The segment devoted to Scream 3 is even more revealing. Most of those involved more or less acknowledge the dip in quality on the third film. David Arquette comments, “it kind of became a caricature of itself”, but I actually found myself wanting to revisit it just to see how they were able to cobble ANYTHING together out of what they had. They only had Neve Campbell for three weeks. Kevin Williamson had to pass his treatment to Ehren Kruger, who in turn passed the baton of his admittedly rushed screenplay to Laeta Kalogridis for onset rewrites. Josh Pais even recalls everyone sitting in Courtney Cox’s trailer “talking about [trying to figure out] what we were going to shoot that day”.
Of course, one of the joys of these retrospectives is hearing all the good stuff from those onscreen. So I’ll stop with the recap (and trust me, I’ve left the best stuff unsaid). Still Screaming is well put together, the production values are as good as if not better than Never Sleep Again, and most of the interviews are candid, affable and revealing. Even when someone isn’t being candid, or is trying to paint a rosier picture than what you suspect may be true, the doc is structured well enough that you can bounce that off of contrasting interviews and calibrate your own personal bullsh*t meter. All of the major players are here, with the notable exception of Kevin Williamson who was perhaps not in the mood after history repeating itself on the set of Scream 4.
Initially I thought to myself that the only things that kept Still Screaming from reaching the level of Never Sleep Again were the fact that it only covered 3 films and that those films were newer (thus making participants perhaps less willing to dish dirt – especially since many were involved with the 4th). But after taking another look I actually appreciated the difference. The Scream films existed in an entirely different studio culture than Nightmare which presents its own set of challenges. And even if you can tell someone is pulling their punches or being political, there are plenty of lines to read between.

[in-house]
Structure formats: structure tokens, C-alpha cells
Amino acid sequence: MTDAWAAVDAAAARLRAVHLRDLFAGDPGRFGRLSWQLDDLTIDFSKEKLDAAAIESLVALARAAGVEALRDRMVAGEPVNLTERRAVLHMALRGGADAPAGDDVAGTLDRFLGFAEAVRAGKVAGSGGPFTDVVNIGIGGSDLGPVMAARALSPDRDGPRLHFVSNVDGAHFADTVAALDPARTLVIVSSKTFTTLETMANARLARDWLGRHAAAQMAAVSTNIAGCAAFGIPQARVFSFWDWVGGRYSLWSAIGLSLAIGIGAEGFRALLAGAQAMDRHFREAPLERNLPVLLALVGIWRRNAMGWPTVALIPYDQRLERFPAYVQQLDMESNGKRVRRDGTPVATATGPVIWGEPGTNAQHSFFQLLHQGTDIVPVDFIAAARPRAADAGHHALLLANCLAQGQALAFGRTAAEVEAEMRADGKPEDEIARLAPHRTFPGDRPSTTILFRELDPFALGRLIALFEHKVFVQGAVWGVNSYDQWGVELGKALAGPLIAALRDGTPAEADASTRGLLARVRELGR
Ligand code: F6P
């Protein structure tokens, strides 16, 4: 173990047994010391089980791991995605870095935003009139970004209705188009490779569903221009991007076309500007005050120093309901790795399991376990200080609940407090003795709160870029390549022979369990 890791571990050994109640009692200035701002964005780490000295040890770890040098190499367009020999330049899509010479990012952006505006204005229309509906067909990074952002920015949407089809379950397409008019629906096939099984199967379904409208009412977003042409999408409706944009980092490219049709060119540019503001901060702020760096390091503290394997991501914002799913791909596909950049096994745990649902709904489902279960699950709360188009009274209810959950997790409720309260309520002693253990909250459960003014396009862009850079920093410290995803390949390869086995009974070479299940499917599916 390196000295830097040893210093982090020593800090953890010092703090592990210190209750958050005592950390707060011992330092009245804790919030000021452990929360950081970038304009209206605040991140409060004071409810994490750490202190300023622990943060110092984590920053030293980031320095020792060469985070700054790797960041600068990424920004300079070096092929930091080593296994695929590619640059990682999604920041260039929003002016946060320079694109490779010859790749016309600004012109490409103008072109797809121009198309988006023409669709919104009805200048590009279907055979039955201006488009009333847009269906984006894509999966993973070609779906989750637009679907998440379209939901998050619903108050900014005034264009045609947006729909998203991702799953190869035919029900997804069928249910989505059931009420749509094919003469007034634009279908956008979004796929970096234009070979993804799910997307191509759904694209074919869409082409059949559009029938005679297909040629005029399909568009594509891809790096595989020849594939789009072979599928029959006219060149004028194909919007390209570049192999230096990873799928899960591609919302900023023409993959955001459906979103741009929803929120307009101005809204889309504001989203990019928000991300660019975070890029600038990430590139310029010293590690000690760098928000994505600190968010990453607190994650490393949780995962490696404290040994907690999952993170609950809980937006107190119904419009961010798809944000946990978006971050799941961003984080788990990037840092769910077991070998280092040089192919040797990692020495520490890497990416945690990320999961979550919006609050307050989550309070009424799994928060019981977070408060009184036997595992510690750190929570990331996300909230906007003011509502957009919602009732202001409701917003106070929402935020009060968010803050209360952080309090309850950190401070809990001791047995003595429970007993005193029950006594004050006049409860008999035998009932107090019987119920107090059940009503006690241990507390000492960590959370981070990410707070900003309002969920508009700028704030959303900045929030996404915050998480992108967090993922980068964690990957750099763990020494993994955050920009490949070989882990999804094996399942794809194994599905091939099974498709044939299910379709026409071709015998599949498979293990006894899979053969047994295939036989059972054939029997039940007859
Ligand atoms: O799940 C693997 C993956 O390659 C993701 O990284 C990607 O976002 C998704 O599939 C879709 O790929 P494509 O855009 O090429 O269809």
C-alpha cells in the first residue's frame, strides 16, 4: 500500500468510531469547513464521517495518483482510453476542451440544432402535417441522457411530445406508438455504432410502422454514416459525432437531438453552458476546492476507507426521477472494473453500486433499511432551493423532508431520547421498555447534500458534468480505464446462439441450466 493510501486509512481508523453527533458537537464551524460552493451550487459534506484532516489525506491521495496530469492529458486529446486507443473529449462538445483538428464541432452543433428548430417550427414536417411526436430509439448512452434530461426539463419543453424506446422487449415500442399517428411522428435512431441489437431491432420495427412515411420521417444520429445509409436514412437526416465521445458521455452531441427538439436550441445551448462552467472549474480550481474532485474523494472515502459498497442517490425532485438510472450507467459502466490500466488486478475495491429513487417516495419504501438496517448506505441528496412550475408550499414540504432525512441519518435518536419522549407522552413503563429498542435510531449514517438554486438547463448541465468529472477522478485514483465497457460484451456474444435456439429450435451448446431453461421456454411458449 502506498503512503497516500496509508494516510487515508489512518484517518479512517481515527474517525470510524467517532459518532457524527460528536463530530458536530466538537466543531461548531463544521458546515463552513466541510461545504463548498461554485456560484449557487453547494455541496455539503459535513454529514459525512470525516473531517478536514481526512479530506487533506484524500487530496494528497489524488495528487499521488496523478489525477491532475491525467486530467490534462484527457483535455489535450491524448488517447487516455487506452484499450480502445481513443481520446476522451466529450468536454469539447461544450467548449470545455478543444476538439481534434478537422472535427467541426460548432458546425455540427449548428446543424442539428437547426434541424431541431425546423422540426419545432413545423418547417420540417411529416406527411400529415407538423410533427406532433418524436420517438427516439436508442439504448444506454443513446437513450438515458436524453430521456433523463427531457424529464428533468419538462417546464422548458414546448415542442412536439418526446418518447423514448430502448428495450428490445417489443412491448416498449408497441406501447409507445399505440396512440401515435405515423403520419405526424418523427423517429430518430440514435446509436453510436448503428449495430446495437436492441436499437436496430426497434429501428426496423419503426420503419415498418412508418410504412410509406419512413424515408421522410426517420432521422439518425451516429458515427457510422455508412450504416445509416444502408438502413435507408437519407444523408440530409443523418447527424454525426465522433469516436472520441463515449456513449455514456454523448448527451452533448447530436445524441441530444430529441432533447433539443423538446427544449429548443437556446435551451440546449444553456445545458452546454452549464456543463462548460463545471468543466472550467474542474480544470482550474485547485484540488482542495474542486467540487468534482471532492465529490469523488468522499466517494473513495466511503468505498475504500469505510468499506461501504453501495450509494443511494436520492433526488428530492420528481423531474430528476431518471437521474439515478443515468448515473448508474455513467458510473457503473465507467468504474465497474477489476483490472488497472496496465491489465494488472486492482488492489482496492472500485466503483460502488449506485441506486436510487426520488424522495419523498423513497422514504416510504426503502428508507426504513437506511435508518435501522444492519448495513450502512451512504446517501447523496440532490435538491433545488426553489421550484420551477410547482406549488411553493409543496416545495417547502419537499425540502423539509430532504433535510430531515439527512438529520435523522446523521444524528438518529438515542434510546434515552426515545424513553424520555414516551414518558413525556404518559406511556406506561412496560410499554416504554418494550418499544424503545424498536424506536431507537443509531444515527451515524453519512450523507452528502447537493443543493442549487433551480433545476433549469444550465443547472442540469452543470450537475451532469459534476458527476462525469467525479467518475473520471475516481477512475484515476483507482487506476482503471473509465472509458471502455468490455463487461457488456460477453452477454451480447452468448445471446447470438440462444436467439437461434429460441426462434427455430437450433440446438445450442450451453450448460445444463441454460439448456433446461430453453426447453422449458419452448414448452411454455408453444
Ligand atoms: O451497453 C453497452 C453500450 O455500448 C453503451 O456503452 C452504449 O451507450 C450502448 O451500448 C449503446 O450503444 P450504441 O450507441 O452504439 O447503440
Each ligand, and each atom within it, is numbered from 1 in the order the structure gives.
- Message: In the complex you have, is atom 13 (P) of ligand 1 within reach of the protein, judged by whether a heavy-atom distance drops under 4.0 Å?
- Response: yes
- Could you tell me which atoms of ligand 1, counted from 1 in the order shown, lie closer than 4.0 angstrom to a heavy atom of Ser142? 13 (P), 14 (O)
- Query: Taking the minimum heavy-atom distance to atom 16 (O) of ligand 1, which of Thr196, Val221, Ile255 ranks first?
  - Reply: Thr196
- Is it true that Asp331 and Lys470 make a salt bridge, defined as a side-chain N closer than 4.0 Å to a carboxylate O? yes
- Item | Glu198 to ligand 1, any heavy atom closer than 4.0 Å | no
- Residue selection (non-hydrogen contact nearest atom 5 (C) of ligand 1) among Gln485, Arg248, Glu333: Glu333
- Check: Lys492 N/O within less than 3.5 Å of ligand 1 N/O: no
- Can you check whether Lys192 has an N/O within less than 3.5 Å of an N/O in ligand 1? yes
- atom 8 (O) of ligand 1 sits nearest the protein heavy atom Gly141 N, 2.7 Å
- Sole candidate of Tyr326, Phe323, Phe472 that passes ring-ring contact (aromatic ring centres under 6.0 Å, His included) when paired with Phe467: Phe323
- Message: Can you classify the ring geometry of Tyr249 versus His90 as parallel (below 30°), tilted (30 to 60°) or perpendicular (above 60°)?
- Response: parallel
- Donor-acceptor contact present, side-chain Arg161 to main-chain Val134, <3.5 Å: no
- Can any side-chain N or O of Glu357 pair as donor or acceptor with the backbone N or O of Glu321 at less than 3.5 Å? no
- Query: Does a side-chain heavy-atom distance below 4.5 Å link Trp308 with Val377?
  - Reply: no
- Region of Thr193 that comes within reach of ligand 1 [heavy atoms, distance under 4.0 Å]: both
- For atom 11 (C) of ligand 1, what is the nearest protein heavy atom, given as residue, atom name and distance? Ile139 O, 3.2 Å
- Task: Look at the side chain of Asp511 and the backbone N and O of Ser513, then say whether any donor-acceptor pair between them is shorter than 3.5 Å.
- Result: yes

It’s also nice to see so many of the same participants move from one film to the next. While the production of the Nightmare series was fragmented, lurching from one installment to the next with different writers and directors, different budgets, different leads and different crew – the central alumni of first three Scream come across as kind of a graduating class that went truly went through a lot together. It takes place over a period of four years, some people left and some talent came in, but the whole overall arc is refreshingly linear.
Still Screaming is written and directed by Ryan Turek and produced by Anthony Masi. It is included in the Scream Trilogy Blu-Ray package hitting September 6th.